>Every so often, a “medical fact” rides in on a wave of paranoia and shoddy research. It reaches a screaming crescendo that one can measure by how many bestsellers are trotted out on the subject, and then, after a few years of no real change in anyone’s quality of life, the wave rolls back out to the sea of misinformation where it will swell again with a new generation that doesn’t realize we’ve all been there, done that and it failed miserably.
Atkins comes to mind. So does invading a foreign country.
Now this! The rampant self-diagnosed “allergy to sulfites”. Correction: not self-diagnosed. Someone on the internet told you their mother has it, too, so it’s a communal diagnosis.
I’m not saying there aren’t many people out there who have bizarre (and varying) reactions to different alcoholic beverages.
I’m not saying you haven’t figured out what makes you feel worse and what makes you feel better, and therefore created a rational list of Things to Avoid.
I’m saying lots and lots of people are still grasping at straws. And I want to help you narrow it down.
Next time you ask me if any of our wines don’t have sulfites cause you’re allergic to them, I would ask you if you’ve eaten any dried fruit lately. Or deli meat. Or nuts. Or anything that has been packaged. Sulfites are a preservative found in EVERYTHING. You wouldn’t want to drink a wine without sulfites. It would be a bunch of rotted, moldy grape juice.
To diagnose your unique problem, don’t ask anyone on the internet if they have similar symptoms. The internet is a wasteland of screaming ignorance. (Irony alert!)
But here’s a recap of the Scientific Method we all learned in high school:
1. Observation through experience: Consider the problem and try to make sense of it. Look for previous explanations (i.e. are you throwing up and headachy? you might have drunk too much, or have a problem metabolizing alcohol. If you are having symptoms you’ve had before with things you are allergic to, you are, naturally, allergic to this as well.).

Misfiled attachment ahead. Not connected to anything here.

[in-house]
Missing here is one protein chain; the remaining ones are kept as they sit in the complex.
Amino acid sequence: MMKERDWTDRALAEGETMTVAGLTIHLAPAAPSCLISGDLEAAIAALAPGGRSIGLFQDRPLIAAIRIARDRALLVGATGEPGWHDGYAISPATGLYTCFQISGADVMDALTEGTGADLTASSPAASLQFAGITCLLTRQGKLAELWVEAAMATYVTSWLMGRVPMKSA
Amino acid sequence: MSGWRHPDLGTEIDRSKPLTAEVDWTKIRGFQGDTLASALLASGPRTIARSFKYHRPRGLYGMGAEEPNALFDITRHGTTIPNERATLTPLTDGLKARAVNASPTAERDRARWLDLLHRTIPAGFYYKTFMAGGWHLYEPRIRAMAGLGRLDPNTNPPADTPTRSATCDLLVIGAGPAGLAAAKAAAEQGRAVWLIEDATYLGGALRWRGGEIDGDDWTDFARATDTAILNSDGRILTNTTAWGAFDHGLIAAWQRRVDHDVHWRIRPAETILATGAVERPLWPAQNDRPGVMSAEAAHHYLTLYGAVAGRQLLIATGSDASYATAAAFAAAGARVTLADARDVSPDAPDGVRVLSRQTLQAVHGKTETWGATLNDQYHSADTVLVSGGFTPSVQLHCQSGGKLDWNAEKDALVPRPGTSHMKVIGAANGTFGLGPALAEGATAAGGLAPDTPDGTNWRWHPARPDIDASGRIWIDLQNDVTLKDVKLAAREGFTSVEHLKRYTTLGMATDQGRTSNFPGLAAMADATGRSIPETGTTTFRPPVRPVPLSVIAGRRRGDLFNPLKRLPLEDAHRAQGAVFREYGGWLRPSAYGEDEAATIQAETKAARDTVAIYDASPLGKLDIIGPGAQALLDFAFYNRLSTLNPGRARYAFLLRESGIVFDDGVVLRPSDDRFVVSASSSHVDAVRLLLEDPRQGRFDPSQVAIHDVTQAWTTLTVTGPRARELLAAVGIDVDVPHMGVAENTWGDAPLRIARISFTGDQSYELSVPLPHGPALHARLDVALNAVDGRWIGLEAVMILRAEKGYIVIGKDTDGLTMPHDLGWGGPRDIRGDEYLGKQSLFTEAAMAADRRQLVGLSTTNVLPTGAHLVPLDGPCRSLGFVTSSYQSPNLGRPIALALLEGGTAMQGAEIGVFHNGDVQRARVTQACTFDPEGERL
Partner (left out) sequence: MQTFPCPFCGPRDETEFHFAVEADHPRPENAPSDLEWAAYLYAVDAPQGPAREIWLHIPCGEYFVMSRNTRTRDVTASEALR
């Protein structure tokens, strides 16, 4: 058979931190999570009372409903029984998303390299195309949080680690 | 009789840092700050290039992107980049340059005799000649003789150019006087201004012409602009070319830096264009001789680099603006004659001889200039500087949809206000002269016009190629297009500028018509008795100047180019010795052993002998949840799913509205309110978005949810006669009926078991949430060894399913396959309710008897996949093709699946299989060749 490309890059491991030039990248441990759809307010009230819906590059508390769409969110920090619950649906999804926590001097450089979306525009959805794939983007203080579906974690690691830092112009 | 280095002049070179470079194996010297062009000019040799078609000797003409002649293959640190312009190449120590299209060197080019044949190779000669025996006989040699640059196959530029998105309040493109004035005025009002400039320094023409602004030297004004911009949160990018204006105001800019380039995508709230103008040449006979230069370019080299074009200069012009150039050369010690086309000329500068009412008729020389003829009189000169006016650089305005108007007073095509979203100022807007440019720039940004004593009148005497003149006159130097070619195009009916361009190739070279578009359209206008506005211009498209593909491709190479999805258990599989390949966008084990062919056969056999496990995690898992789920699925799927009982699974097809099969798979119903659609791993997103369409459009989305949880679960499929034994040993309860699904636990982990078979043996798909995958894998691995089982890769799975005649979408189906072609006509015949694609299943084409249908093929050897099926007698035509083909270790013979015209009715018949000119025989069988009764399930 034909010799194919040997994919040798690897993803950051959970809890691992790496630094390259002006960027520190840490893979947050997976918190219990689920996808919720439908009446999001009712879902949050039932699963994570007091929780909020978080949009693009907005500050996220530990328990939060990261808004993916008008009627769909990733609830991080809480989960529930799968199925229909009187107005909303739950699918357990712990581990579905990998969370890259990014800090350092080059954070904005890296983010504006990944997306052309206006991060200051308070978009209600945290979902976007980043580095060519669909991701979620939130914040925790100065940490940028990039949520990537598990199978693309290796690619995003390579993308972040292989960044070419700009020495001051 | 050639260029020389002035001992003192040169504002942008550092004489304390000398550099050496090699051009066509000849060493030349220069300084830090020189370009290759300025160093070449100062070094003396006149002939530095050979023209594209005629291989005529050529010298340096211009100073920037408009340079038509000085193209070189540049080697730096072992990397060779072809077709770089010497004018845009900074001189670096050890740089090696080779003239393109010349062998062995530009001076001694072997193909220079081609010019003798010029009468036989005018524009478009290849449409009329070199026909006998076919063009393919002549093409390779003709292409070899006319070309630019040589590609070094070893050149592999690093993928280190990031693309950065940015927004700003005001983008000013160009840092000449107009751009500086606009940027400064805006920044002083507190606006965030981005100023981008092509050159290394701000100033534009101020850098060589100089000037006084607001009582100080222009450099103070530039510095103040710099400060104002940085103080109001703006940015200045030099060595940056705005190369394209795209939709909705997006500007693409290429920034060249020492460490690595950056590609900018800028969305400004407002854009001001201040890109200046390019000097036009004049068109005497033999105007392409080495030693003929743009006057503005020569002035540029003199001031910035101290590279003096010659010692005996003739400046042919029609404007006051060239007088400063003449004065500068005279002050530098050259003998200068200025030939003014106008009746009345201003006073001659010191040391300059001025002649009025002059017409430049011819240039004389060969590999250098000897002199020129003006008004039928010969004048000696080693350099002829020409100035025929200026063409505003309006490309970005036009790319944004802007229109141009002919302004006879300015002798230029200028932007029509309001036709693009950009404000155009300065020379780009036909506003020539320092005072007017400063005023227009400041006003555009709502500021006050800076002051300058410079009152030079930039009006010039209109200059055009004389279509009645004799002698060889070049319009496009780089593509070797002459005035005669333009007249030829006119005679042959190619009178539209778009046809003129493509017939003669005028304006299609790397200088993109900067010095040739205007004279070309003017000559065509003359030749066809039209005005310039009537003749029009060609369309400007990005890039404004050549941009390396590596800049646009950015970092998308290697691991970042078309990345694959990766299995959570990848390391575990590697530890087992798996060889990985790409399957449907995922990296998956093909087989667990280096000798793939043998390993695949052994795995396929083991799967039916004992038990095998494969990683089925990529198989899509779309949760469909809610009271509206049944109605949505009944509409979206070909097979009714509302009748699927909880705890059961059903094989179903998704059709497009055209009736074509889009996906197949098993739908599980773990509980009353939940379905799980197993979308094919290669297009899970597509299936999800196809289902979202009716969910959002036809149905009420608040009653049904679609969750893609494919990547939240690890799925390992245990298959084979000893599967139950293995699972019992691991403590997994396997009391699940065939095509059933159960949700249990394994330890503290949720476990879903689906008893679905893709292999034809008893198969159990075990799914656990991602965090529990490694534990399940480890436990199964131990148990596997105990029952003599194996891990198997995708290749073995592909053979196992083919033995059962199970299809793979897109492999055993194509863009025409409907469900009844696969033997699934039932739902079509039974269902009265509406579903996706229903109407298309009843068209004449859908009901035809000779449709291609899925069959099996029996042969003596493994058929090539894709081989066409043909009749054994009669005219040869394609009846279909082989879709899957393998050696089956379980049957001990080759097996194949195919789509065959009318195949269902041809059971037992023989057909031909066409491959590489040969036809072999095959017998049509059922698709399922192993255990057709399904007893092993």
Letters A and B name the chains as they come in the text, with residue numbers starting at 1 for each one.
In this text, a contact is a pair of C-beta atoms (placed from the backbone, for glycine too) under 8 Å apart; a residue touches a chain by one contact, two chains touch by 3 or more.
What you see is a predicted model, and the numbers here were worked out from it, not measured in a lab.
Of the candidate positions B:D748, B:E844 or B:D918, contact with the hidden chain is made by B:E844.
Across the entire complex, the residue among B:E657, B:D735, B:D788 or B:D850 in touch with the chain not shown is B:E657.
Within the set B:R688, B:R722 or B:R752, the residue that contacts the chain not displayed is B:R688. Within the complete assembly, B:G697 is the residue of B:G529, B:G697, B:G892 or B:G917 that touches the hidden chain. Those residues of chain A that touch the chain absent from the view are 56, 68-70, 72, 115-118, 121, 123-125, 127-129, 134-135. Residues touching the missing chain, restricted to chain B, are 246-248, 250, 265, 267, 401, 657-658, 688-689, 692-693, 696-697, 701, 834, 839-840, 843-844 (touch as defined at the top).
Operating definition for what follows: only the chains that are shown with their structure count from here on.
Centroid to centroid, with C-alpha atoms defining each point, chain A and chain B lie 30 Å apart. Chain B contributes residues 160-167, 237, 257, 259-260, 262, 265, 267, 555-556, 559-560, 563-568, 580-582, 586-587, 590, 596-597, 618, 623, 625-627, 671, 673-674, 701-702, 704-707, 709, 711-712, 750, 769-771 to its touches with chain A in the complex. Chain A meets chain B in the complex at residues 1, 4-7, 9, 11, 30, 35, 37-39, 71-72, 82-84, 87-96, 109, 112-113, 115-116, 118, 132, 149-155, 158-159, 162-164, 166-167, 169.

If this is a new problem to you, then move to step 2.
- 2. Form a Hypothesis: Try to state an explanation (“When I drink red wine I feel rotten in ways I haven’t felt otherwise or before; therefore I must have some weird reaction to something in red wine.”).
- 3. Conclude Something: If you assume 2 is true, what consequences follow? (“Red wine contains sulfites, therefore I might be reacting to sulfites”)
- THIS IS WHERE MOST PEOPLE STOP AND MAKE AN ASSUMPTION. LOGICAL FALLACIES ABOUND, EINSTEIN WEEPS, AND YOU ARE NO CLOSER TO THE TRUTH.
- 4. Test Conclusion: Look for the opposite of each consequence in order to disprove 2. (Drink white wine, sparkling wine, beer; eat fruits with sulfites in them – if you still feel rotten, 3 may be correct; if not, forget the sulfites thing and think about what else goes into red wine that white wine doesn’t share. Contact with grape skins. Skins contain tannins. So revise 3 as “I might be reacting to tannins.” Now test by drinking tea, coffee, grape juice. And so on.)
Many of mankind’s troubles stem from trying to PROVE our theories rather than disprove them. Religion, paranoia, conspiracy theory – anything that eschews science, the devotion to truth via the process of elimination – relies on proving what you already believe to be true. It is about as far from truth, then, as one can get.